S.B. 65 poised to change online learning in Utah
While there are a number of states considering online learning laws this year, the law signed by the governor in Utah this month is perhaps the most far-reaching. S.B. 65 creates the Statewide Online Education Program, and will largely take effect on July 1, 2011. It will expand opportunities for a broader group of high school students by making it much easier for them to take online courses, giving them the ability to choose from a variety of different providers identified by the Program. In fact, the law specifically notes that an LEA may not give preference to an online course or provider. Courses will be available through the Utah Electronic High School (EHS), as well as charter schools, districts, and LEAs that choose to offer online programs. Students are limited in the number of courses they can take, though the maximum increases each year for the first five years from two to six. However, a student can apply to his or her local LEA or the State Board of Education to take more courses.
The Statewide Online Education Program will receive $250,000 annually as an ongoing appropriation from the Education Fund. In addition, the State Board of Education will forward an amount equal to 1/8 of adjusted per pupil revenues for each credit earned in an online course to the online course provider. This amount will be deducted from funds allocated to the student’s primary LEA. The online provider will receive partial payment when a student enrolls in the online course and the balance upon completion.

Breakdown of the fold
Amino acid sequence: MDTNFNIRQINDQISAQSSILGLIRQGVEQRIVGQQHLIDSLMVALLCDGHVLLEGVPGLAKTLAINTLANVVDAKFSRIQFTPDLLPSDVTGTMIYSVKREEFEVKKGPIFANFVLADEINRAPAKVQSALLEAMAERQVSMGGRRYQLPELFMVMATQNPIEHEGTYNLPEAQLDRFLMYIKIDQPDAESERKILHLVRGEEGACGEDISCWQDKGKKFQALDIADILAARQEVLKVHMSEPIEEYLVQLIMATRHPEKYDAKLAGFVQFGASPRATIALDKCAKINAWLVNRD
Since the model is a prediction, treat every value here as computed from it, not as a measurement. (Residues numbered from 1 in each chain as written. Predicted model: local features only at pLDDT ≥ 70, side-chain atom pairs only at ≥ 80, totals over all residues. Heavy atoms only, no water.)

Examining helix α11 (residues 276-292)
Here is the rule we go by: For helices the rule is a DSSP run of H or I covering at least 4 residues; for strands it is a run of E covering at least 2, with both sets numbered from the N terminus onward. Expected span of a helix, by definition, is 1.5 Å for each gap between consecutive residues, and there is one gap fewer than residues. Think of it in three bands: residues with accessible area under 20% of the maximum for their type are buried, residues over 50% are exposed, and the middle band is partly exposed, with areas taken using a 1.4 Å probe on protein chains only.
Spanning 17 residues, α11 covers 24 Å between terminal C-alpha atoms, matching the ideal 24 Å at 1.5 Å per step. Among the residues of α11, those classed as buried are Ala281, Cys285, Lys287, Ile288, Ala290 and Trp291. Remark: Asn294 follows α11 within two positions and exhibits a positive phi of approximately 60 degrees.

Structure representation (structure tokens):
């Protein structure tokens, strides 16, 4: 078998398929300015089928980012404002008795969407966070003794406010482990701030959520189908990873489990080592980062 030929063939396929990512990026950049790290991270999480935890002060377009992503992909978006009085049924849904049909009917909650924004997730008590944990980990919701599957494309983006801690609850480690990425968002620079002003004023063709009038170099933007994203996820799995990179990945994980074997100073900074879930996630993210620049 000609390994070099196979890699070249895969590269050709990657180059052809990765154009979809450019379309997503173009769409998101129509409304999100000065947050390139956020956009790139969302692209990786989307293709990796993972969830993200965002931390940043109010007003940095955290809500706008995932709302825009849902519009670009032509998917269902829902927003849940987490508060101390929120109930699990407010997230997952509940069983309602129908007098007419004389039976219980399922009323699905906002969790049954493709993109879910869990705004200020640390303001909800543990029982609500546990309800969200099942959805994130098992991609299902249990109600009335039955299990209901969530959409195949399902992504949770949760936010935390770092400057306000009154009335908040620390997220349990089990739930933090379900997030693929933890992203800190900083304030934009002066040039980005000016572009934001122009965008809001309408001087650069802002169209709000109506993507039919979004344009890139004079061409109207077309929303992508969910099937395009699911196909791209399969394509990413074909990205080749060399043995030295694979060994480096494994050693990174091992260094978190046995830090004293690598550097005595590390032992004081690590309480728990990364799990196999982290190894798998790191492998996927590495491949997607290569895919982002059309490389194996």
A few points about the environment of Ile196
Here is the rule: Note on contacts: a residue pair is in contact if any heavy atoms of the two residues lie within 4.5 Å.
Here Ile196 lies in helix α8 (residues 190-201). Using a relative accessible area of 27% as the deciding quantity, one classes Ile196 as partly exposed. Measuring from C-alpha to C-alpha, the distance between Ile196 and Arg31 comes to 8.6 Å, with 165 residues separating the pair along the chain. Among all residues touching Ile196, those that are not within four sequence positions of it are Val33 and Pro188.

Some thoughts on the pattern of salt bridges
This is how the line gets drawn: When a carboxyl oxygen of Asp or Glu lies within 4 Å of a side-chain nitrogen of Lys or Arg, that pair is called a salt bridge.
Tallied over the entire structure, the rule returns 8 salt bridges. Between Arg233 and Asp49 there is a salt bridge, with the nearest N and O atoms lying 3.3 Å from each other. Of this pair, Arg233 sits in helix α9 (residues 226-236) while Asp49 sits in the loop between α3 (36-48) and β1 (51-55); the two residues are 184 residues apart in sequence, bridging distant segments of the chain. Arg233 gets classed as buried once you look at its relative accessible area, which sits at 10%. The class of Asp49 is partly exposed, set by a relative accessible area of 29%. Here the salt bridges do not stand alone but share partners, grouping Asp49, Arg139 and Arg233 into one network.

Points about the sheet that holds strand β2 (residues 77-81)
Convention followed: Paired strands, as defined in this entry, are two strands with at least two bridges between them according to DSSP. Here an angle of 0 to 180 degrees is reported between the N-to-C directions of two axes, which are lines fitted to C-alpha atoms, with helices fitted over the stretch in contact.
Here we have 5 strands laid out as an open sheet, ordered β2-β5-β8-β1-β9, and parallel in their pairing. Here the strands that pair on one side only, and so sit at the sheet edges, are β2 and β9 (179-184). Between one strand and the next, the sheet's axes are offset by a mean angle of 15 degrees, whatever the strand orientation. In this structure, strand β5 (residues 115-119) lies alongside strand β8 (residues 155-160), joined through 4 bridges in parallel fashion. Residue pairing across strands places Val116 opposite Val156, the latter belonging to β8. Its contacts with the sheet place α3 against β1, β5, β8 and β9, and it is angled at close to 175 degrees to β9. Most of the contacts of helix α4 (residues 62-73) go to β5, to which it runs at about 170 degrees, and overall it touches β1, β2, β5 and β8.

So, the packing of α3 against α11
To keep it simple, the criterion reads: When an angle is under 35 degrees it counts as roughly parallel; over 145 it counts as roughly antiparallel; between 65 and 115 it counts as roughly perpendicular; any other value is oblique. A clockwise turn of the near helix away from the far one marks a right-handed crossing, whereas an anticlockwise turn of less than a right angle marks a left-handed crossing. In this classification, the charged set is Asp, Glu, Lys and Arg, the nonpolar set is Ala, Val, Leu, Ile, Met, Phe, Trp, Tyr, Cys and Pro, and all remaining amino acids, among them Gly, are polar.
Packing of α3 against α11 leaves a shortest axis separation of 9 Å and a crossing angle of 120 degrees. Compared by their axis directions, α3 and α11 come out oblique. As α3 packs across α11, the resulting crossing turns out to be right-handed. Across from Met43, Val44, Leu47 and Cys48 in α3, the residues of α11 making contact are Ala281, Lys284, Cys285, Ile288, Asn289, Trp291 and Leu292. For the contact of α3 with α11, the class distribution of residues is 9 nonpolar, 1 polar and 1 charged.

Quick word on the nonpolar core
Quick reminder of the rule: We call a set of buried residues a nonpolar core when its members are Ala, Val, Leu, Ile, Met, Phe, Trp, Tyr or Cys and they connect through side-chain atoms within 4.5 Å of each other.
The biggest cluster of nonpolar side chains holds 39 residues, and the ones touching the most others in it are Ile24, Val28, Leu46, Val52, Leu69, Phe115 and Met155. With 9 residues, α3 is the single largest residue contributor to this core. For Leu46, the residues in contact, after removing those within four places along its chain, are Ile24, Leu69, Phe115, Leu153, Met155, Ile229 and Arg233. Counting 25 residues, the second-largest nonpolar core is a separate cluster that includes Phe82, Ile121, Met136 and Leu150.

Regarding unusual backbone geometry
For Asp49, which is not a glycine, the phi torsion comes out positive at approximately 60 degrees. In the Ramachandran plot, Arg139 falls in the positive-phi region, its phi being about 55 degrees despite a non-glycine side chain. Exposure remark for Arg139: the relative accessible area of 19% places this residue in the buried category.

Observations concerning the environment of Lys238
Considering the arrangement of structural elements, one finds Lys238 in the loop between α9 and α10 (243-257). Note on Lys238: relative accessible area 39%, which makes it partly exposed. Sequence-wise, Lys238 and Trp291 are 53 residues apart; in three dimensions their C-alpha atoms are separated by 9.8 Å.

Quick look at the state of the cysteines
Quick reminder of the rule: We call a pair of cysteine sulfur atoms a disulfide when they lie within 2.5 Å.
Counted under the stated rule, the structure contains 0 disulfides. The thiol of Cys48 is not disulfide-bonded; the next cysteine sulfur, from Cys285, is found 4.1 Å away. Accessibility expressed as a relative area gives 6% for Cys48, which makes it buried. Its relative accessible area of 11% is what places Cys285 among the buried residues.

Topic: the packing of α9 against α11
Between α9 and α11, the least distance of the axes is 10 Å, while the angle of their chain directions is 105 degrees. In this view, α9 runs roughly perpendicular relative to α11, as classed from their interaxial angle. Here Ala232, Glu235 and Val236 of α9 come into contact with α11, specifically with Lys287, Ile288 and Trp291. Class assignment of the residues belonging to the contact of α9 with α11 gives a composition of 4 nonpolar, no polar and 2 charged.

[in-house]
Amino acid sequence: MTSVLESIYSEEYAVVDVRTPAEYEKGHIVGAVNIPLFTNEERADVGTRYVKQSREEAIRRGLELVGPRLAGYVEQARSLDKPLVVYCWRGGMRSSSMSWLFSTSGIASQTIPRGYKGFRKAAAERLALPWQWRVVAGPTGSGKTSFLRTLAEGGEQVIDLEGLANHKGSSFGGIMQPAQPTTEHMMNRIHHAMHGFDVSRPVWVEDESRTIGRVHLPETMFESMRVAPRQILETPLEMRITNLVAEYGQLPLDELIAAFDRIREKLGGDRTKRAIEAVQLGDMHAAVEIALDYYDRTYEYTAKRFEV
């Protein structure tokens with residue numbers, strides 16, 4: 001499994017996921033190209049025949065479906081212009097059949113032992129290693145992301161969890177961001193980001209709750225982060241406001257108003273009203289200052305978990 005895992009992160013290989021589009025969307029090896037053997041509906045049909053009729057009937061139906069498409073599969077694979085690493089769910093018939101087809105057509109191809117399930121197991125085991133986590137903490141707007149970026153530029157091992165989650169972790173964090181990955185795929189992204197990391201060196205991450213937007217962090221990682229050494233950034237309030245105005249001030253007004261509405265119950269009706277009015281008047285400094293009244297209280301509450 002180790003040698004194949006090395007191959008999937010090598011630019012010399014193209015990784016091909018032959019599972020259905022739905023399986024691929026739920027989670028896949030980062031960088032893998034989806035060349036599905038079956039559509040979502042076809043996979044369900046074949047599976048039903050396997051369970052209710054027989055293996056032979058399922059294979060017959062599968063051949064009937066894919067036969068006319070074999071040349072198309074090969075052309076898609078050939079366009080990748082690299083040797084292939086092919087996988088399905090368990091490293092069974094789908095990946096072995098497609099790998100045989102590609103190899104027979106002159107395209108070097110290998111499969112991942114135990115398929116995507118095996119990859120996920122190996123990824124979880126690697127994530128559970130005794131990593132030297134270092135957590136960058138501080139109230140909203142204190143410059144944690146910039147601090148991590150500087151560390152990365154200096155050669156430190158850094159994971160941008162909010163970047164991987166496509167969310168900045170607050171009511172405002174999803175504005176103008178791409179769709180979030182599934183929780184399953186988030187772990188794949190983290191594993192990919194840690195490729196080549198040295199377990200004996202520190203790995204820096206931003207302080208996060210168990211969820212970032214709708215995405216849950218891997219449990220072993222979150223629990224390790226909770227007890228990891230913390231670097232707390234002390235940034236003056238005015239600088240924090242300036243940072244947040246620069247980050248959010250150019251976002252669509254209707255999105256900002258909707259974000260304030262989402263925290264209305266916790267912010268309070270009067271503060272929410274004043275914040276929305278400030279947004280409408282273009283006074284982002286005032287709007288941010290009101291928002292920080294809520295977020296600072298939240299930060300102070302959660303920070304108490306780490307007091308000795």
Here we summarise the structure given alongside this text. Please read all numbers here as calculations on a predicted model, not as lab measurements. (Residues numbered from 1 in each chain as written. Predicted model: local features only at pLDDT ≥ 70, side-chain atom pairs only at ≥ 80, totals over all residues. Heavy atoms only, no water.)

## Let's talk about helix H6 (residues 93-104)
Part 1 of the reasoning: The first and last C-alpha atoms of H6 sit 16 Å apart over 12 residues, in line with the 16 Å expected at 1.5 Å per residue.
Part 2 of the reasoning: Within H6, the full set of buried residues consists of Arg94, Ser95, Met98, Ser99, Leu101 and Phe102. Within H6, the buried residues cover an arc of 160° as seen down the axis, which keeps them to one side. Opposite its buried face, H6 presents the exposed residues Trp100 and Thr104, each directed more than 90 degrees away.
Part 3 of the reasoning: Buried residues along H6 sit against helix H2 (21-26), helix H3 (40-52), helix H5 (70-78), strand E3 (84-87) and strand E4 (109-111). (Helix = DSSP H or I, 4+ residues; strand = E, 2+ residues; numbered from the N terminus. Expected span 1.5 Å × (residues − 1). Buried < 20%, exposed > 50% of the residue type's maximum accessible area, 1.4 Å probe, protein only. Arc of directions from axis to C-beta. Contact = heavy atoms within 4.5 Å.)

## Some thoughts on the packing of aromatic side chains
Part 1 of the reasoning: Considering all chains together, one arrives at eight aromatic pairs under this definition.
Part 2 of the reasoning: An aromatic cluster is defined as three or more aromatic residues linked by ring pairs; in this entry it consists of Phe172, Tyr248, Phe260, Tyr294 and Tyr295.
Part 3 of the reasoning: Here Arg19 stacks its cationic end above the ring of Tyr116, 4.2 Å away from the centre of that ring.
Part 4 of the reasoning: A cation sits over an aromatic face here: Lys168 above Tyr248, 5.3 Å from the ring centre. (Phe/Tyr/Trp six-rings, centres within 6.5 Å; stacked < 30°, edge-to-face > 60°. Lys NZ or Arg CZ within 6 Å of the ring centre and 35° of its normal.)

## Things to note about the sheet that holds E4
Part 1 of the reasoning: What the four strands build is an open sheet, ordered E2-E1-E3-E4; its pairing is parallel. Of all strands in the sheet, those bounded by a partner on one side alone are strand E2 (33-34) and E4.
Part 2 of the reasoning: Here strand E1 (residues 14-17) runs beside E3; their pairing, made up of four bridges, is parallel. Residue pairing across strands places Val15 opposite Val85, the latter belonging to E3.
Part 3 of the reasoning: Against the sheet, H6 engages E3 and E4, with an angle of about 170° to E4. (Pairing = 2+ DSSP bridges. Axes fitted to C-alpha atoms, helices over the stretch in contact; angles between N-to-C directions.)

Students statewide have had some access to supplemental online courses through one of the first state virtual schools, the EHS. The EHS focuses on students seeking credit recovery and accelerated graduation, though does offer a full-time option for a limited group of students. Keeping Pace 2010 reported the equivalent of 7,846 semester enrollments in EHS in 2009-10. Previously, EHS funding came mainly from a $2 million state line-item, and it did not receive or compete for weighted per-pupil state funding allocations with resident school districts. As the EHS will be rolled up under the Statewide Online Education Program beginning in July 2012, it too will compete with local districts and online providers around the state for funding.
Certain provisions of the law were left to be examined by the Education Interim Committee, who will report back to the legislature in the 2012 session. This includes guidance on course fees, whether private providers will be allowed to offer courses directly, and how students can take a full-time course load and graduate through the program.
With many states struggling to fund online learning options for their students and looking at solutions similar to what Utah has just passed, we will be watching closely to see how the law plays out in practice.